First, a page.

Timothy McIntosh, a financial planner in Tampa, typically doesn’t begin talking about starting private foundations with clients unless they have $5 million or so to commit.
“Commit,” by the way, is the operative word here. Once you donate money to a foundation, it’s gone forever. “You have to be sound financially” before you give away your money, McIntosh warns. “The finality of the gift is the biggest topic with my clients.”
So think carefully about how you want to structure a charitable organization and make sure that you won’t wish you had left more to the kids. But if you’re OK with parting with your cash, you can get others to handle most of the work.
Let’s start with donor-advised funds from mutual fund companies. With a contribution of as little as $10,000, a donor-advised fund will act like your own charity, but the fund companies take care of much of the administration and management. The three giants are Fidelity Charitable Gift Fund, Vanguard Charitable Endowment Program and Schwab Fund for Charitable Giving (see chart).
When you donate money to a donor-advised fund, you can deduct your contribution immediately. Your account will be treated as an individual charity, complete with its own name.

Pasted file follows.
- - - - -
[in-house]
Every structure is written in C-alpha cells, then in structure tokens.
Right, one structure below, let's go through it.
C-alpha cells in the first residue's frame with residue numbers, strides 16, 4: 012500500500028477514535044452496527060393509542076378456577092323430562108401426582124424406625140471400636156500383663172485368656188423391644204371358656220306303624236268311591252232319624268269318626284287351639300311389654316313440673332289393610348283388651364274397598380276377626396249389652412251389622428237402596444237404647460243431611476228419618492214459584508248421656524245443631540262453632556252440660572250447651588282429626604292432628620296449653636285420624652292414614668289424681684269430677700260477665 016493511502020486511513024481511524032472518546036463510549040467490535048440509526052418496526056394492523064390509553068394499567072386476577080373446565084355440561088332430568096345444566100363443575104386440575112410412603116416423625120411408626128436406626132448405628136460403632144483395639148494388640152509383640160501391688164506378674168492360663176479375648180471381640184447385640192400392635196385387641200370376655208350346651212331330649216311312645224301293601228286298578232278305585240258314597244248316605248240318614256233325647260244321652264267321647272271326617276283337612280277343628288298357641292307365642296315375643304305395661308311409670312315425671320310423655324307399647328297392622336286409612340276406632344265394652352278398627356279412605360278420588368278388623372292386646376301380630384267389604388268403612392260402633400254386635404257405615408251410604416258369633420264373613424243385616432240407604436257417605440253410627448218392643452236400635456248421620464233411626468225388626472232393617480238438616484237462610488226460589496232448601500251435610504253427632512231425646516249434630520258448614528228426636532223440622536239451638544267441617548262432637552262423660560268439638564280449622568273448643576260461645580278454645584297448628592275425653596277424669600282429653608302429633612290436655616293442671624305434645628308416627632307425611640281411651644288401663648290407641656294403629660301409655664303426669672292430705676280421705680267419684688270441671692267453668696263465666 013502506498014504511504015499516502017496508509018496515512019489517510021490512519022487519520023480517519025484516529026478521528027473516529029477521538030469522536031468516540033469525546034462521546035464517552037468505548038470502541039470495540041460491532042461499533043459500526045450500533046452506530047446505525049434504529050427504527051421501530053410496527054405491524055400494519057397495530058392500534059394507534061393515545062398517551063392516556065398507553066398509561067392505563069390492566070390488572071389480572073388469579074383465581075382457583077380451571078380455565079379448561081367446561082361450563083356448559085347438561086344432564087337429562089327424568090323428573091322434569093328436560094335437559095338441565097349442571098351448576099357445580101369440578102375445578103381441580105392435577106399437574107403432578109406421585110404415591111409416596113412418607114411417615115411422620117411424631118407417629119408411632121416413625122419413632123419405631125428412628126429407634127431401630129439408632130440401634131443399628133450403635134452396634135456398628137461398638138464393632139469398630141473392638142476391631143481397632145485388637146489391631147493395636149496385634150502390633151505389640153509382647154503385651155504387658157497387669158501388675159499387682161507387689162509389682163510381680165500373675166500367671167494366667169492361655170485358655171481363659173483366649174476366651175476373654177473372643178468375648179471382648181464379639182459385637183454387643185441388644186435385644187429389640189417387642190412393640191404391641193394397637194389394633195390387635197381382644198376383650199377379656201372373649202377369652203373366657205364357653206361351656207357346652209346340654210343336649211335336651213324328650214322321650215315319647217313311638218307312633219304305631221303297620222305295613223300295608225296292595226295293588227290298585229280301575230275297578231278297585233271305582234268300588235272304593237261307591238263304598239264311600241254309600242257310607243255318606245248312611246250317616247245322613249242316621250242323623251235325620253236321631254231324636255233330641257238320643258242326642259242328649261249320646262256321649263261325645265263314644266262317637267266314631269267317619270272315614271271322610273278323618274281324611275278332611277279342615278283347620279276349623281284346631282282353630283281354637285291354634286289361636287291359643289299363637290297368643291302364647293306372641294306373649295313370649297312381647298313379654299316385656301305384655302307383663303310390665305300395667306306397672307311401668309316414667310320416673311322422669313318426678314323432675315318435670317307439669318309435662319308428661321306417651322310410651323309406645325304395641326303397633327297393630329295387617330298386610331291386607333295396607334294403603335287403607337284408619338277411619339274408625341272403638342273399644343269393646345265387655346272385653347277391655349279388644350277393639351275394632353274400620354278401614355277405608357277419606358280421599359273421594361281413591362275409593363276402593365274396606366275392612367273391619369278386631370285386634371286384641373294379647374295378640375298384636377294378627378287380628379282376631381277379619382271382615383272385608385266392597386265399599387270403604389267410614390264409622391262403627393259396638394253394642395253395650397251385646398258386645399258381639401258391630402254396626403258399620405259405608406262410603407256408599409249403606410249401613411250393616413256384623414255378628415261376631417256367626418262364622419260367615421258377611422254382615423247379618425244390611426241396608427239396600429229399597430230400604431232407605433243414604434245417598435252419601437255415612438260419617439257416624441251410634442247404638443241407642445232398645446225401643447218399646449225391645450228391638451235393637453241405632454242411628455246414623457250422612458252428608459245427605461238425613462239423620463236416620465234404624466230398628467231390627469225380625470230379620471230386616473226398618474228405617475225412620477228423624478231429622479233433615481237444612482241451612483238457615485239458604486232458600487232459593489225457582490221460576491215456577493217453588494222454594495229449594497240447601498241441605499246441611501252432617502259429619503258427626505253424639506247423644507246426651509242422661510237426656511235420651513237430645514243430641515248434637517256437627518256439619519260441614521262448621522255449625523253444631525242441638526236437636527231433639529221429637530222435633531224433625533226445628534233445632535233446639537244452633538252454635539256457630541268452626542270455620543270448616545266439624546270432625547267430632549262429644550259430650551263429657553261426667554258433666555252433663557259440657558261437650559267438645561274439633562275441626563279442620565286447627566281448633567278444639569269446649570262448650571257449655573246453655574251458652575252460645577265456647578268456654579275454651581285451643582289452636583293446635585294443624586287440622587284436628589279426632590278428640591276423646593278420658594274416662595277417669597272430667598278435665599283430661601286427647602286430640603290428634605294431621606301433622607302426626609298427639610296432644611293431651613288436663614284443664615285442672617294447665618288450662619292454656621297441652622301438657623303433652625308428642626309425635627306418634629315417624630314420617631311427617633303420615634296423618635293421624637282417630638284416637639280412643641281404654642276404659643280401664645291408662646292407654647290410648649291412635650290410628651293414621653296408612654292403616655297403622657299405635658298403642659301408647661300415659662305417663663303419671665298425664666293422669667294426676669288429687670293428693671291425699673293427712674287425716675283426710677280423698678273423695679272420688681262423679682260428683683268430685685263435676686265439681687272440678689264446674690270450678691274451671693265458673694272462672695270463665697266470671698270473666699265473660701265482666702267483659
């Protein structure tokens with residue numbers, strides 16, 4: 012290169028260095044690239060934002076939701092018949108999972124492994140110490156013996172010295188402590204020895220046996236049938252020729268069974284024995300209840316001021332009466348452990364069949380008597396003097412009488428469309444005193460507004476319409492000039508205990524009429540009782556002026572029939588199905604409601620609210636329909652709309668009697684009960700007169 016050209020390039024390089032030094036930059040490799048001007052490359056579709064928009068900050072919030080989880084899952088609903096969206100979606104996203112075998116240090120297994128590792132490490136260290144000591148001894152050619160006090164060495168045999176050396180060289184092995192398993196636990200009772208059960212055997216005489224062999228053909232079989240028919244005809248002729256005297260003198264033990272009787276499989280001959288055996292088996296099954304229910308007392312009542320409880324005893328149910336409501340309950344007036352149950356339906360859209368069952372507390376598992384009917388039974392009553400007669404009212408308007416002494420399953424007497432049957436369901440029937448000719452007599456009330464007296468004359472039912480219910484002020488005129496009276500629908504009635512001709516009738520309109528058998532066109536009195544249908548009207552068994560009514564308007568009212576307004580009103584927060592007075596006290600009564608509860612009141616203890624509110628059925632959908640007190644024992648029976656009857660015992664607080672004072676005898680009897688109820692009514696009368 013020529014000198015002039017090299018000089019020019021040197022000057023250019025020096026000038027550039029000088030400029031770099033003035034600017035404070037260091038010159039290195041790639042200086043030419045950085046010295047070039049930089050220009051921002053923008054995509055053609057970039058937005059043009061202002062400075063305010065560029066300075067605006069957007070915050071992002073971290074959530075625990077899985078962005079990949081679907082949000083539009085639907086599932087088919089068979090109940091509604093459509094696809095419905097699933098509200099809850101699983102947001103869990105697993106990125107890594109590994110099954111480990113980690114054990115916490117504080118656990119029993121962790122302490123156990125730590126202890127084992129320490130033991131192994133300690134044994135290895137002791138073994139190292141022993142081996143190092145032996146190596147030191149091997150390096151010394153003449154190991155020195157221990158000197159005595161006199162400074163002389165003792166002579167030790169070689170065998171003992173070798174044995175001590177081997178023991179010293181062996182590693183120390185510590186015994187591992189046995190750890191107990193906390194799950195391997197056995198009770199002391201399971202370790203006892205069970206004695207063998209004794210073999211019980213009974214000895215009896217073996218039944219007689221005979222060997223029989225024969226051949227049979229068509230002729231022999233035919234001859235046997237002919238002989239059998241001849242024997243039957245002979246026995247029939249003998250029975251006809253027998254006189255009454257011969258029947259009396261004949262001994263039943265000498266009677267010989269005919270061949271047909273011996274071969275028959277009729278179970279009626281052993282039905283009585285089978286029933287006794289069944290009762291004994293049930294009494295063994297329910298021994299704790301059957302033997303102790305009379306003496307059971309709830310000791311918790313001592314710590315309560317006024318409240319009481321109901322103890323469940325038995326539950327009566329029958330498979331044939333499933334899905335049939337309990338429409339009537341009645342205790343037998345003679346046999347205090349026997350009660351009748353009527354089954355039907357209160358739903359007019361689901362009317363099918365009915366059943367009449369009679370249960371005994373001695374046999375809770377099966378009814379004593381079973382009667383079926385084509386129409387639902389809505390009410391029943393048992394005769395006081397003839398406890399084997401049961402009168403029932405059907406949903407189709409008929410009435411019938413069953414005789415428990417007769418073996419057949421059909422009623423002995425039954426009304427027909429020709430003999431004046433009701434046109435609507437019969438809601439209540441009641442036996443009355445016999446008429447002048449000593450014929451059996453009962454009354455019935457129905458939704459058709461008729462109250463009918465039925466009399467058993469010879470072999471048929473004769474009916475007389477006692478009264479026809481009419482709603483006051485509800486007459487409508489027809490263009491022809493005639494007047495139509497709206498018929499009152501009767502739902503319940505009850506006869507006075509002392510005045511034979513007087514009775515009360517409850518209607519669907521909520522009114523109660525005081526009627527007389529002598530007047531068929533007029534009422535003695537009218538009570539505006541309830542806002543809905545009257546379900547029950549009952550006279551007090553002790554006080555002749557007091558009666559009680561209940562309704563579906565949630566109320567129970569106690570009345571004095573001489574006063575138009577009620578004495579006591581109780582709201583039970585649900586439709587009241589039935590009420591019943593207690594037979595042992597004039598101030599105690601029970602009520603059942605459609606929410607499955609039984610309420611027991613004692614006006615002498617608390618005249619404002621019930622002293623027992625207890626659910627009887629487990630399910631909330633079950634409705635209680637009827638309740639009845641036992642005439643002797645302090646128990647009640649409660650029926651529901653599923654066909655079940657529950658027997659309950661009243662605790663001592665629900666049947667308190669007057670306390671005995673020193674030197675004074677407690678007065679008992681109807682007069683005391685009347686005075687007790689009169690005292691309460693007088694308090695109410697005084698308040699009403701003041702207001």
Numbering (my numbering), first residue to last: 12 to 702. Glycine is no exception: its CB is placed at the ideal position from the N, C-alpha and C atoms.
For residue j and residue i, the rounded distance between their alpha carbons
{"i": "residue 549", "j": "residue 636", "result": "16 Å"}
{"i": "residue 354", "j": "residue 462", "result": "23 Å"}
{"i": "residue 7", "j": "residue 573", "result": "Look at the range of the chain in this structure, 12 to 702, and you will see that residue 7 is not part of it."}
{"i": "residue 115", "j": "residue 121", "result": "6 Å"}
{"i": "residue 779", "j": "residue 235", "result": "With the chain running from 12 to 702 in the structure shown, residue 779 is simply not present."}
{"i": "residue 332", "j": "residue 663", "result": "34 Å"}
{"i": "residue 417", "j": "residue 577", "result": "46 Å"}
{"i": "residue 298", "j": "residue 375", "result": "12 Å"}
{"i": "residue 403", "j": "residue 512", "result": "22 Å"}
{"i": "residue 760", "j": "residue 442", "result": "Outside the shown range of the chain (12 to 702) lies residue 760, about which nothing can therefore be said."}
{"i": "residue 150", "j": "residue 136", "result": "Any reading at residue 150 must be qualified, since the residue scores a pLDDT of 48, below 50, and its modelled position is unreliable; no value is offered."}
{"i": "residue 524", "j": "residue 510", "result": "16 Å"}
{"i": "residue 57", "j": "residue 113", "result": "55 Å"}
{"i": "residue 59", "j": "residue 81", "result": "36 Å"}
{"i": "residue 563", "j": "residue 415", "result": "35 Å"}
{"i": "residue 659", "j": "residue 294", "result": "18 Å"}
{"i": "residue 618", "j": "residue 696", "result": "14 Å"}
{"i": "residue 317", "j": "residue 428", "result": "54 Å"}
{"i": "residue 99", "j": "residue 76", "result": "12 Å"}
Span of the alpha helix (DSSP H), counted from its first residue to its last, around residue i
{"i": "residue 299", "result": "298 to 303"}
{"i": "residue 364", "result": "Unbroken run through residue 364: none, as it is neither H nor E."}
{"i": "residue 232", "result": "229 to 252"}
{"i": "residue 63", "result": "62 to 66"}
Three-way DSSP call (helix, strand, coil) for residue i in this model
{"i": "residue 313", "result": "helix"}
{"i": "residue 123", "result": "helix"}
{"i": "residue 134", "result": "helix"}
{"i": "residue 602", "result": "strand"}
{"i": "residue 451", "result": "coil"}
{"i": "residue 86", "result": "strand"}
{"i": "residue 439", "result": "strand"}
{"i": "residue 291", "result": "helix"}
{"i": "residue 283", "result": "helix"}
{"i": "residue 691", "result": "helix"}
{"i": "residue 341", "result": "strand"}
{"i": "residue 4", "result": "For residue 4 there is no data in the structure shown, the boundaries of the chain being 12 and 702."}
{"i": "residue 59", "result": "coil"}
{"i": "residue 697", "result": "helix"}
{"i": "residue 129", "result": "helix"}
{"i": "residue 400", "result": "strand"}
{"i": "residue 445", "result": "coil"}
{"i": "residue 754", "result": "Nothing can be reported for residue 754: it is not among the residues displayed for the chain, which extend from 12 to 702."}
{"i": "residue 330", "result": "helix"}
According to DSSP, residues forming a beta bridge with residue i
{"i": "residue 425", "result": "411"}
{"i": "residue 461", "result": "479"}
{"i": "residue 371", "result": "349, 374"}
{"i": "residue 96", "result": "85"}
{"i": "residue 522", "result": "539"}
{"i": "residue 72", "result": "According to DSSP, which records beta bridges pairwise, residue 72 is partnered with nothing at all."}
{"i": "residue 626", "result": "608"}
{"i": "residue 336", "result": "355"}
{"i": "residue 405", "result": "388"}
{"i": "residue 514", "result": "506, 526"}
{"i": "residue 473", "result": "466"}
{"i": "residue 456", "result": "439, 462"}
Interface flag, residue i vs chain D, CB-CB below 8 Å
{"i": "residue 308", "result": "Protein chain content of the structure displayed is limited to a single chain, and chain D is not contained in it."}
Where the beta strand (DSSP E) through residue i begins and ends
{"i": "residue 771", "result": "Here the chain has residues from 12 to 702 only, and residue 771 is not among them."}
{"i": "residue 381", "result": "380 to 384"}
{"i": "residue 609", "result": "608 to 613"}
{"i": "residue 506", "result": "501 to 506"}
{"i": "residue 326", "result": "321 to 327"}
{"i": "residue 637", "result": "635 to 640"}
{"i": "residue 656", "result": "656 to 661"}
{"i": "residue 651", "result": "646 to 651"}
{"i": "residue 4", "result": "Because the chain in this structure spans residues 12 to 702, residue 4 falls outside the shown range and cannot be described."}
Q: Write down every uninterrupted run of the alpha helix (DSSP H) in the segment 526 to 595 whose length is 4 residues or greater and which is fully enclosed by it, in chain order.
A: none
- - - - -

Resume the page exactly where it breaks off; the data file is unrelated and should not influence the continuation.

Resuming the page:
You recommend which charities will get your money, how much they’ll get and when they’ll get it. You can donate only to IRS-approved charities. (So the Charitable Fund to Benefit Me won’t pass muster.)
You can start your charitable fund with cash or securities. Appreciated securities are better; you can deduct the market value of the securities at the time of the donation and sidestep any taxes on your gains. About 70% of the contributions to the Fidelity Charitable Gift Fund are securities, says David Guinta, president of the fund.
Not only can you advise who gets the money, you can also direct how it’s invested. Fidelity offers 11 investment options. Vanguard offers six. Discount brokerage Charles Schwab has eight.
Another way is to start a charitable fund through a community foundation. For as little as $5,000, some community foundations will let you start a charitable fund. They take care of the paperwork and much of the day-to-day management of the money.
Indiana’s Kosciusko County Community Foundation, for example, will let you start an endowment for $5,000, The county (population 76,072), has more than 200 funds and $27 million in assets, according to Suzanne Light, the foundation’s executive director.
Indiana has 81 community foundations, thanks in large part to the Lilly Endowment, which was formed in 1937 by descendants of Eli Lilly, founder of pharmaceutical giant Eli Lilly. The Lilly Endowment matched Indiana community foundation donations and otherwise encouraged them.
You don’t have to live in Indiana to start your own fund at a community foundation. You can find others near you at the Council on Foundations’ website.
You might not be able to peel off $1 billion, or even $1 million. But your gift could keep giving long after you’re gone — and possibly as long as the Bill & Melinda Gates Foundation.